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Q&A: Mary Remer

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Photo by Andrew PinkhamUpon visiting What a Good Dog!, a new state-of-the-art, $6.6 million canine community in Frazer, you’ll know one thing for sure: Villanova’s Mary Remer is cuckoo for canines. Keen observation skills, a nurturing soul, and a desire to enhance the lives of dogs and their families have earned the internationally acclaimed trainer and 15-time Westminster Kennel Club Best of Breed winner “top dog” status among Main Line pooch lovers. If you’ve got one, she’s your new best friend.

MLT: How many dogs do you own?
MR:
Currently, I share my house with eight dogs and a Kunekune pig.

MLT: Who are you more comfortable around—dogs or people?
MR:
I feel immediately relaxed and at home with dogs. I certainly enjoy people, but it might take me longer to feel as comfortable. Sometimes I can serve as a translator for dogs to their people.

MLT: When did you first realize you had a way
with dogs?
MR:
From my earliest memory, I’ve always felt a special kinship with the animal world. It’s in my genes, and I was very blessed to be raised in a very animal-oriented environment, where the skill of observing and relating to them was first and foremost in developing the best relationship.

MLT: What’s your best advice to a new dog owner?
MR:
It’s not about imposing your will on your new puppy; it’s about finding out who they are and creating the optimum partnership.

MLT: Are you ever concerned about friction among your residents?
MR:
If we’re doing our job right—assessing, placing them in appropriate groups and monitoring—the dogs should feel comfortable, and there shouldn’t be any serious squabbles.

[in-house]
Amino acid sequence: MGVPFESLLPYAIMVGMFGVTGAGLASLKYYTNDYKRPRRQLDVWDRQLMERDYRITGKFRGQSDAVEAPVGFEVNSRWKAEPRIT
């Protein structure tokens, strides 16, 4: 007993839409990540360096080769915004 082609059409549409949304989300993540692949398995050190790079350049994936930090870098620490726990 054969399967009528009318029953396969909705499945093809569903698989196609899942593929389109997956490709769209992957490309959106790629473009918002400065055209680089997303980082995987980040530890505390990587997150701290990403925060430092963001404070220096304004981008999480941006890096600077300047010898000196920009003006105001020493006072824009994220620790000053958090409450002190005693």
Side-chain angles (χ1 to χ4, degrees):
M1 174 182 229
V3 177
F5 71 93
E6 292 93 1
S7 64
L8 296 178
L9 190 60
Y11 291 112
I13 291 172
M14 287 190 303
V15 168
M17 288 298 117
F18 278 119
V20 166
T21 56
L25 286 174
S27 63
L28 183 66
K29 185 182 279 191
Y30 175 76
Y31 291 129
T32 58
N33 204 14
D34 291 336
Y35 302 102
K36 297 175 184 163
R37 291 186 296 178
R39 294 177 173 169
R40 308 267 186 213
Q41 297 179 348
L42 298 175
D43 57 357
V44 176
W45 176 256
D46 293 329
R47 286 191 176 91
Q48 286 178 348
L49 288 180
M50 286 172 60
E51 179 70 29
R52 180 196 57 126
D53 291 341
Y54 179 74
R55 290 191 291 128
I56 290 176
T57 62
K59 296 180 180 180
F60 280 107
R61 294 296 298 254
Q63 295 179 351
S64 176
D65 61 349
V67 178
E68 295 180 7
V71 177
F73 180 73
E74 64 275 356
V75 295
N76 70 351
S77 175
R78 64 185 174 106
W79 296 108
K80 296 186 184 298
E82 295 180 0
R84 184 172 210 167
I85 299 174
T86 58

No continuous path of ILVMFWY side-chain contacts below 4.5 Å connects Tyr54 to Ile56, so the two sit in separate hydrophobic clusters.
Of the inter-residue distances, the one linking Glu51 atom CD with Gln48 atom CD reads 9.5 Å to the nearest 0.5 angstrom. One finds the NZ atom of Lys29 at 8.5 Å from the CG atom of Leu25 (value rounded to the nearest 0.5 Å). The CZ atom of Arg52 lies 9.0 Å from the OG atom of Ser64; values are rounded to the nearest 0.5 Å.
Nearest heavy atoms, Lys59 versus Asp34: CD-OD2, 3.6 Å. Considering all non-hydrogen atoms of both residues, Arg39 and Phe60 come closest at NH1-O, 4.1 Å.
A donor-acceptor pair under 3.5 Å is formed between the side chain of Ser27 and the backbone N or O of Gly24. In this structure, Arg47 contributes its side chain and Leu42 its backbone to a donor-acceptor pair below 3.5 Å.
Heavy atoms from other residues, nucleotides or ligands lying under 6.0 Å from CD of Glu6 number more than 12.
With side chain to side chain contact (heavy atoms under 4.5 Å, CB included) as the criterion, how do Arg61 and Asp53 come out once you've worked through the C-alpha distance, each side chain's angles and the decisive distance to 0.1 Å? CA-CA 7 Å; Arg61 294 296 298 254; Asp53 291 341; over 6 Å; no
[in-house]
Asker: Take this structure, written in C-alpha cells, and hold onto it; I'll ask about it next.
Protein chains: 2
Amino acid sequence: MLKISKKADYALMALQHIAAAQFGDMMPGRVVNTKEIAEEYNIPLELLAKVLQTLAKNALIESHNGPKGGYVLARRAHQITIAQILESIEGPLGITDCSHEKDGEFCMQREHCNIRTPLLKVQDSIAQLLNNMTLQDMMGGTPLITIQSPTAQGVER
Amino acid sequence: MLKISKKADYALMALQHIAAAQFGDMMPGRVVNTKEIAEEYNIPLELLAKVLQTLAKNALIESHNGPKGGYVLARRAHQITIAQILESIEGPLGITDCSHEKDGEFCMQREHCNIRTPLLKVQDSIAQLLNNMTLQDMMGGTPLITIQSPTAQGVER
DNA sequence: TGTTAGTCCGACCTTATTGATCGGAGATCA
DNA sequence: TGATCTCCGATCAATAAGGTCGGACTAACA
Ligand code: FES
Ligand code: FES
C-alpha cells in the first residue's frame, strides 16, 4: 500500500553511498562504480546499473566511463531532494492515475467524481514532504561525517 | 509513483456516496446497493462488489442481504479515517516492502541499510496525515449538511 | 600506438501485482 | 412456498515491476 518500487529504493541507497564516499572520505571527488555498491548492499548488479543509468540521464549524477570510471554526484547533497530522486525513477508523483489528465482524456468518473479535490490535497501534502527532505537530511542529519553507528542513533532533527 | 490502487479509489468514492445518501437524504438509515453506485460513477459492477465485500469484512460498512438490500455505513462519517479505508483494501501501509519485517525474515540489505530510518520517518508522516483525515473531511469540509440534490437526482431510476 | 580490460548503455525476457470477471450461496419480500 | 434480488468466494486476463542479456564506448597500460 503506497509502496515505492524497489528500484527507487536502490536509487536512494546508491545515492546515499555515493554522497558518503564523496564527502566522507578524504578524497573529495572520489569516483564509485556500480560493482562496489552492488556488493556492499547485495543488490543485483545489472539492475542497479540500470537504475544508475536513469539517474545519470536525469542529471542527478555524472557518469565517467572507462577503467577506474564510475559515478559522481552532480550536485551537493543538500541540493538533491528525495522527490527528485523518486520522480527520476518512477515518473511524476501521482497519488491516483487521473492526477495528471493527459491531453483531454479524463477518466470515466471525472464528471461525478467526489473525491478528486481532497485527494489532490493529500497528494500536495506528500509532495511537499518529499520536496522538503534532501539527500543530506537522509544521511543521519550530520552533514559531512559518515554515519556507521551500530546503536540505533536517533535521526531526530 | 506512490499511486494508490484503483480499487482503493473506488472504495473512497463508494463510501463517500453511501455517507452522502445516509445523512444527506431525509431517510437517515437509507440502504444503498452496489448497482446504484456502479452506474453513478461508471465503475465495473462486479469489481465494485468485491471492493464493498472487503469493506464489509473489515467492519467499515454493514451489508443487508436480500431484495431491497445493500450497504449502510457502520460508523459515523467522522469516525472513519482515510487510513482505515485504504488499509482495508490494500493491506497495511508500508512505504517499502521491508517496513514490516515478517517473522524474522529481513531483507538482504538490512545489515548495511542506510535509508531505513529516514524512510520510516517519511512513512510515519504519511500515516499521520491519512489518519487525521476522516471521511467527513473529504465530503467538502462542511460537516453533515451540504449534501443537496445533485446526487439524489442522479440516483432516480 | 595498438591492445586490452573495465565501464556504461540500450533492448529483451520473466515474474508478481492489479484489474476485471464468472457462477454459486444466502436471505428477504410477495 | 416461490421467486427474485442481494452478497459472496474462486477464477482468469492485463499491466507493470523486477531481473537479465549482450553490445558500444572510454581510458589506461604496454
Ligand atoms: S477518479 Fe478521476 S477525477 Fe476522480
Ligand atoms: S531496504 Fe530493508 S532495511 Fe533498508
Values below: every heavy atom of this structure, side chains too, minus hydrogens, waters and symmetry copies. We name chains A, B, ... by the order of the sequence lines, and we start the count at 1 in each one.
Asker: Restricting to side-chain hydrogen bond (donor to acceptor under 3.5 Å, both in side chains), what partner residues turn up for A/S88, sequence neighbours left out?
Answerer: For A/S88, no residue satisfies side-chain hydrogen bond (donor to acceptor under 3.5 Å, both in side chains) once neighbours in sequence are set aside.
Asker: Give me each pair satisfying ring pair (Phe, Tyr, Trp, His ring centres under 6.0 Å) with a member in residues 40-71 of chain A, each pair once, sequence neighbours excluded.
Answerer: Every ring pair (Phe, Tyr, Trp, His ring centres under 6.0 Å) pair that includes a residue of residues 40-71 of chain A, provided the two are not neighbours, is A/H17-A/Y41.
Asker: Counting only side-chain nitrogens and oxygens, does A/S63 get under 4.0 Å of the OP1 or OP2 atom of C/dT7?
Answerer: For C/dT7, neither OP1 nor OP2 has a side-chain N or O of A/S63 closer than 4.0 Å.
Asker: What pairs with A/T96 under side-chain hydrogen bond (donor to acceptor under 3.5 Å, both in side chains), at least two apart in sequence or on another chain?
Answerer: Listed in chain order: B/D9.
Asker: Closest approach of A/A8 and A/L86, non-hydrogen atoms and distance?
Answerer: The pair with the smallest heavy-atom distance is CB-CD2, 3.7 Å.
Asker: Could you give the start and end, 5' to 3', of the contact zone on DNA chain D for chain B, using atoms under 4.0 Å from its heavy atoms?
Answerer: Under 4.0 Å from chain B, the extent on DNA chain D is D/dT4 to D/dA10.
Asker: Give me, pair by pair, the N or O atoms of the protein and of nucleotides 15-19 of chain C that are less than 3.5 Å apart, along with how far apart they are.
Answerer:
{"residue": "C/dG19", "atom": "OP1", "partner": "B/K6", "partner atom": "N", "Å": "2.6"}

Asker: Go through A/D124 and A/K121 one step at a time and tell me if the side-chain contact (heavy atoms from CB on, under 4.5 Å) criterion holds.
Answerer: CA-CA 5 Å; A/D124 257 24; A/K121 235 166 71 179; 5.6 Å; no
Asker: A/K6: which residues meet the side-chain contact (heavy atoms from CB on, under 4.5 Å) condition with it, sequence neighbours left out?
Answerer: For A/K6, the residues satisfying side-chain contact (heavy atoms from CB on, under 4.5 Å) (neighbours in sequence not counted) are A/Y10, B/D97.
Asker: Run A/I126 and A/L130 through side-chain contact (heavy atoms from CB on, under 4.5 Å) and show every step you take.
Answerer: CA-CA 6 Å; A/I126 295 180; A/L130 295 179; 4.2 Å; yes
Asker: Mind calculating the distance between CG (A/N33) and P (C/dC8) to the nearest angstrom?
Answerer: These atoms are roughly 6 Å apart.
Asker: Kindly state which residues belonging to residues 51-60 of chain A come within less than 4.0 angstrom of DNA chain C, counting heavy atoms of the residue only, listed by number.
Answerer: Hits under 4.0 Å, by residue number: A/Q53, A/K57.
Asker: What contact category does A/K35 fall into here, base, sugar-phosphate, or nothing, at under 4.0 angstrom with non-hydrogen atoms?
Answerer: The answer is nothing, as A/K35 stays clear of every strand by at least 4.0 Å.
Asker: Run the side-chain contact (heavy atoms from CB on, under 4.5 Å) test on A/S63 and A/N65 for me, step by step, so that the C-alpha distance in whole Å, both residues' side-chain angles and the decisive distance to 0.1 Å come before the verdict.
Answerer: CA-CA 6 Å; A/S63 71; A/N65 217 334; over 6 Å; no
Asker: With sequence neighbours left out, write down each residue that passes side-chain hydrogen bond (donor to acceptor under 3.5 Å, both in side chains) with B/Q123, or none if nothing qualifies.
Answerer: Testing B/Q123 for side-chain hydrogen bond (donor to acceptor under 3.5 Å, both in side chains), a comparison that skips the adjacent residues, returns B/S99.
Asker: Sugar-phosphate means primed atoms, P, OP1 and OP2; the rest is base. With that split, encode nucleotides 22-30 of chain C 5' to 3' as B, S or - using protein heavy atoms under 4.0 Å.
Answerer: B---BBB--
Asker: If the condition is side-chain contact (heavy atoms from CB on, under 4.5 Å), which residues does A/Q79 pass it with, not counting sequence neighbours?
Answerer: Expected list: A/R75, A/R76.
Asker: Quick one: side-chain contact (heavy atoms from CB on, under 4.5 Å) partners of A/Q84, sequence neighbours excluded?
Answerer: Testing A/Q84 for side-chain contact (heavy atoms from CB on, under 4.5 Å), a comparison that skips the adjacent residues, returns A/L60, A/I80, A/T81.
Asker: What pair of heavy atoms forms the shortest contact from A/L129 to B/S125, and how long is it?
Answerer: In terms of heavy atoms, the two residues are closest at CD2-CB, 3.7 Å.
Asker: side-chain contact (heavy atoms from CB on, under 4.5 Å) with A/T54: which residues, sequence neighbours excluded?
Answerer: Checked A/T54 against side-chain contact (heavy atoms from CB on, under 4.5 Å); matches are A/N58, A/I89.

MLT: Could a pooch get evicted?
MR:
The only way would be ill health.

MLT: Do you worry that some people might question the need for such a lavish facility?
MR:
To quote Gandhi, “A nation can be judged by how it treats its animals.” Look at all that dogs give to human causes—search and rescue, therapy dogs, guide dogs for the blind and deaf, assistance dogs for the physically and emotionally challenged, police work. We have an obligation to give back.

MLT: What are the highlights of your canine curriculum?
MR:
The quality of our instructors. Included in that is the ability to work with each dog and family to meet their particular needs. It’s the nuances in behavior that we’re able to detect and address. Also, the spectrum of our services, including private training and classes for puppies, senior dog stimulation classes, performance sports and handling. Our work on aggression issues is also a highlight.

MLT: Has their ever been a dog you couldn’t train?
MR:
Over the years, there have been dogs that I’ve been less successful with—probably because I’ve been unsuccessful with the owners. There have been some that I’ve found I couldn’t help and referred elsewhere. Today, I see a large number of dogs that come to me as a last resort, and I find that most do have resolvable issues.

To learn more about Mary Remer, visit whatagooddoginc.com.
 

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